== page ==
Lifehouse residents in Wales prioritised for vaccination
published on 16 Mar 2021
Ty Gobaith Lifehouse in Cardiff has hosted a vaccination clinic, with residents receiving their first Covid-19 vaccination just hours after the Welsh Government announced it was moving homeless people up the priority lists
Wayne, a resident at the Lifehouse who was one of the first in Cardiff to receive the vaccine, said: “I’m pleased because I will be able to have a bit more contact with my family. It’s been a long year and hopefully we are going to start moving on from this and put it behind us.”
Underlying health conditions often made worse by sleeping on the streets mean former rough sleepers and people who’ve been homeless are at higher risk of COVID-19 complications.
Yvonne Connolly, homelessness services regional manager for Wales and the South West, said: “This is about inclusive healthcare. It’s ensuring people who have or are experiencing homelessness, some of the most vulnerable people in our society are given equal opportunity and priority for access to the vaccine”
“There was a real buzz on site from residents and staff. People who experience homelessness or who are living in supported accommodation often feel ignored or overlooked by society, so this was a way of saying ‘you do matter’ as well as them stepping up to play their part in recovering from this pandemic”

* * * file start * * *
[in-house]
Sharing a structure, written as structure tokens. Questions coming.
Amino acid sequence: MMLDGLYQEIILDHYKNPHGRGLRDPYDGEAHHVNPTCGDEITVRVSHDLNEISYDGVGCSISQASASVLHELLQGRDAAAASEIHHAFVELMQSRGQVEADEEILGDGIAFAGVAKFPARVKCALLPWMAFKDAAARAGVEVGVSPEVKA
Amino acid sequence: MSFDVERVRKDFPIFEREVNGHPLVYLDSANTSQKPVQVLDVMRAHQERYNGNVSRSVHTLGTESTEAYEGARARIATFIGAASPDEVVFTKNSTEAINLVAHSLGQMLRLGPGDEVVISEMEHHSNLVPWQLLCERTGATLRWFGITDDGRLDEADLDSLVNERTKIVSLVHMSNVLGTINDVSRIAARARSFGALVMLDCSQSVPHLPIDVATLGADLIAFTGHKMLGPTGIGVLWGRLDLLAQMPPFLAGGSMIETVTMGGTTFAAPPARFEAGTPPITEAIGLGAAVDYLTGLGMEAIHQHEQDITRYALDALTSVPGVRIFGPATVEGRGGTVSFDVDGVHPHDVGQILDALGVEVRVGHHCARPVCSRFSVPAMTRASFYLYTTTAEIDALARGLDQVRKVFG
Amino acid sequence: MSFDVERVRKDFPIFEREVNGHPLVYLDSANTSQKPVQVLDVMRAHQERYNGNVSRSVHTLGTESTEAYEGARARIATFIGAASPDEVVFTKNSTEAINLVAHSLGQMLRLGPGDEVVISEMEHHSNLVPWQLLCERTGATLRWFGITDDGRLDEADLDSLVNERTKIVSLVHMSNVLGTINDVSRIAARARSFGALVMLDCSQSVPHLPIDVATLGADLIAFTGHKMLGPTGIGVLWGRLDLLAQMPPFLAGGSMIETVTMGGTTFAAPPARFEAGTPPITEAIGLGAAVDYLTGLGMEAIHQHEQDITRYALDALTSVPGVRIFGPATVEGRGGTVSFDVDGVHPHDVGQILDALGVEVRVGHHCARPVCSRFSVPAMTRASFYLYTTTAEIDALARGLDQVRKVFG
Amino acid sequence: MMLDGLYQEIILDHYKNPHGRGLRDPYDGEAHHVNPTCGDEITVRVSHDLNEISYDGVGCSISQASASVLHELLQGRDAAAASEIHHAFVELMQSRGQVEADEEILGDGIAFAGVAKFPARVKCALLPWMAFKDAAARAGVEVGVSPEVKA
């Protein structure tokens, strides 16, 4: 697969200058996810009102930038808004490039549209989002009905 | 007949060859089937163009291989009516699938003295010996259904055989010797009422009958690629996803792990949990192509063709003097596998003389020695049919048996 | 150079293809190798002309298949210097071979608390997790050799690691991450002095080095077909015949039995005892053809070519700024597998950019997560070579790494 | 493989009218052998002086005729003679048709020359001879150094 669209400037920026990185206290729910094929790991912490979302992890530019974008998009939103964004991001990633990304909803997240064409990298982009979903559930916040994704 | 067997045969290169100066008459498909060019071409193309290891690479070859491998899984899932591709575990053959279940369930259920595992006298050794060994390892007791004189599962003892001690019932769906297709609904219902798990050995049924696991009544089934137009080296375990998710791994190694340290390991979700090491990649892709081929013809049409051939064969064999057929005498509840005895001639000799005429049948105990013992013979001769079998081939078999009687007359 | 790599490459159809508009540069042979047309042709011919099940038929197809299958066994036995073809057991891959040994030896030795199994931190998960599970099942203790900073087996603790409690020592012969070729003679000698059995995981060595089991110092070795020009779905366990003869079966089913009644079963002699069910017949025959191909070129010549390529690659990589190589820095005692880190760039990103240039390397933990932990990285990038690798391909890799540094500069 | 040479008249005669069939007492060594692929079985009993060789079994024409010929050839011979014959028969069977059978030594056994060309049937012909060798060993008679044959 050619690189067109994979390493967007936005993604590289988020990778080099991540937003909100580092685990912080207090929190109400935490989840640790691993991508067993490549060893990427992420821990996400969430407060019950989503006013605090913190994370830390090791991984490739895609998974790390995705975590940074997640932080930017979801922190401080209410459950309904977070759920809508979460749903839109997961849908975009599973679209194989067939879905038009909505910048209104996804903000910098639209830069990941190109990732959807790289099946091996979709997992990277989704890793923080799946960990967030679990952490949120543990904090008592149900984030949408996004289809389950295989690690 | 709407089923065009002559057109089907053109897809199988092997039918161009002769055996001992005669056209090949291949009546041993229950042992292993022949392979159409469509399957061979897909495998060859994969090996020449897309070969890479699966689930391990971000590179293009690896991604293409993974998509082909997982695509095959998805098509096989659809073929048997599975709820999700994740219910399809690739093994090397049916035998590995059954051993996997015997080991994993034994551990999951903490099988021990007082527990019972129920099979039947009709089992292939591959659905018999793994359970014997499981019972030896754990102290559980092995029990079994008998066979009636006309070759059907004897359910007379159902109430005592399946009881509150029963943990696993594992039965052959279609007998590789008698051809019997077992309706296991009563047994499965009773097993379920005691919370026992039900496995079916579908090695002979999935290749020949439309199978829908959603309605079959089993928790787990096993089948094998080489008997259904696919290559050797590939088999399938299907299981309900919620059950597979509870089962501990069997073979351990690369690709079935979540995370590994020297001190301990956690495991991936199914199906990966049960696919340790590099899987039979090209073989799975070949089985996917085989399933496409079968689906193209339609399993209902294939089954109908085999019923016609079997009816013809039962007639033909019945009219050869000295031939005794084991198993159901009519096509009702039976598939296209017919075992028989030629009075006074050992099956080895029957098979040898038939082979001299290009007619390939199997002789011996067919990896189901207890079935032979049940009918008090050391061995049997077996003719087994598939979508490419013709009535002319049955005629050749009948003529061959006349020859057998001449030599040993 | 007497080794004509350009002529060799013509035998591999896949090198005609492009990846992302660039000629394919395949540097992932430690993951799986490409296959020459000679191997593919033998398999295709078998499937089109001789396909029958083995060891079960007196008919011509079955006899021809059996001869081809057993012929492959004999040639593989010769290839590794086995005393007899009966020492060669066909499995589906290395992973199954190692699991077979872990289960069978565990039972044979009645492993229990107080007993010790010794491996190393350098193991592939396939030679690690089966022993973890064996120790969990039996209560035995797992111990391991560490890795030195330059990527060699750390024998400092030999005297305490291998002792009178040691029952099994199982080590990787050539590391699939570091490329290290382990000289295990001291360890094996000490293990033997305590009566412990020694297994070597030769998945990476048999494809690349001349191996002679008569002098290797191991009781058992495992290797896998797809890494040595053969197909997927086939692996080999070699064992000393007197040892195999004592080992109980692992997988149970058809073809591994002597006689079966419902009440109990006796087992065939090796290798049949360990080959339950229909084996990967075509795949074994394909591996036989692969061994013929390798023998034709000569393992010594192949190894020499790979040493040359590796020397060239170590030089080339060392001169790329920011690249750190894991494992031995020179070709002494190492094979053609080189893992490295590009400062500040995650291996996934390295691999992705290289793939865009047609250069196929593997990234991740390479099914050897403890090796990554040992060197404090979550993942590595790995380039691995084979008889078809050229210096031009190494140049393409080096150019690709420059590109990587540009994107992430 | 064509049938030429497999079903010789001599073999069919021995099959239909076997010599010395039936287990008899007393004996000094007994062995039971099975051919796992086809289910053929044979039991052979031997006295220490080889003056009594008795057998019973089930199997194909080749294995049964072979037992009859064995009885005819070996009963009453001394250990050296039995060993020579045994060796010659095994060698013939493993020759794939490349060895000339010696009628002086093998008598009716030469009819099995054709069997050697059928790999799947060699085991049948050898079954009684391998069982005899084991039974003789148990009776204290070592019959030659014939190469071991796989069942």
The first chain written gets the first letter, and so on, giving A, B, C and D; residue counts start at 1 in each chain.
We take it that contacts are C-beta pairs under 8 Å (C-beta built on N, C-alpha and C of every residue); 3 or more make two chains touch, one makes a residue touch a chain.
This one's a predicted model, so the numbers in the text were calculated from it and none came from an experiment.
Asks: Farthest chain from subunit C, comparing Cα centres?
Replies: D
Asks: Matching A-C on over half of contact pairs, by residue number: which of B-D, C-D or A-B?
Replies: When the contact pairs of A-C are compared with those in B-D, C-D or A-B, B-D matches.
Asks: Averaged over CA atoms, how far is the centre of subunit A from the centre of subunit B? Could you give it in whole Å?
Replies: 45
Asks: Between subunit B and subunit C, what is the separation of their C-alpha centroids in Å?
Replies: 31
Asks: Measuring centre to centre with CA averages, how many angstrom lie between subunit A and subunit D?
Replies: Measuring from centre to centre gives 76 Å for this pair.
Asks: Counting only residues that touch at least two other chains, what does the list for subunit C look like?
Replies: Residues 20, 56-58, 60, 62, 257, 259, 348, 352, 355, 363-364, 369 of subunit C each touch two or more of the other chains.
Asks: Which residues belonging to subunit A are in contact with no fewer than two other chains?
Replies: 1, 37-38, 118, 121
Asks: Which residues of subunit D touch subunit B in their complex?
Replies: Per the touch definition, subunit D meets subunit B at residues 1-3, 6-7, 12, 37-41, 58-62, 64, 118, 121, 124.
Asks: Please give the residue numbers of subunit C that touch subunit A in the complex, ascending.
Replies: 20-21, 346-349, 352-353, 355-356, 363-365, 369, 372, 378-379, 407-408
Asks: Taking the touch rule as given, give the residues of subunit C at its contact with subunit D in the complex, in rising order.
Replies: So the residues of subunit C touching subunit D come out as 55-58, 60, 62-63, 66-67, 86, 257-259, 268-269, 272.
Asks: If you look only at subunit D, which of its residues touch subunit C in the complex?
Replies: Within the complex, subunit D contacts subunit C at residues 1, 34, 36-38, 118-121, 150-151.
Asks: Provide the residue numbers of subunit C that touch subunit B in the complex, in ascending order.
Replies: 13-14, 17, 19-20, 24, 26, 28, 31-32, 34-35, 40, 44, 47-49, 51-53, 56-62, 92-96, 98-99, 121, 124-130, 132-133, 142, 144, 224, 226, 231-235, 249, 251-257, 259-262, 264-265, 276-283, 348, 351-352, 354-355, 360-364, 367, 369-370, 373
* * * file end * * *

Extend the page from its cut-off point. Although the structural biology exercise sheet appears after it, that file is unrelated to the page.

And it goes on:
The decision by The Welsh Government to prioritise people who are homeless was welcomed by staff and residents at the Lifehouse, which offers supported housing to more than 60 men and women.
Hugh Carter, service manager at Ty Gobaith, added: “This was about opportunity and we are thankful that the Welsh government are targeting a really vulnerable demographic.
“There was some anxiety from some of the residents. They are used to feeling dismissed by those in authority, so it takes time to build up trust. For those that chose not to have their first jab on Thursday, there will be another opportunity for them to have it in a few weeks time when those that did get their second jab.”
Support workers, corps officers and volunteers across The Salvation Army have been encouraging people to get vaccinated, and providing spaces for vaccinating to take place.
England will now follow suit in prioritising homeless people alongside those aged 16 to 65 with underlying conditions that put them at increased risk.
Ty Gobaith Lifehouse is a supported Lifehouse for single people over the age of 18. It also has a 15-bed Bridge Alcohol and Treatment Programme run in partnership with the Cardiff Addictions Unit, which offers on-site detox, treatment programmes and post-resettlement support.
The service is unique in having a treatment programme onsite, and it is the only treatment pathway readily accessible to rough sleepers with chaotic substance use in Wales.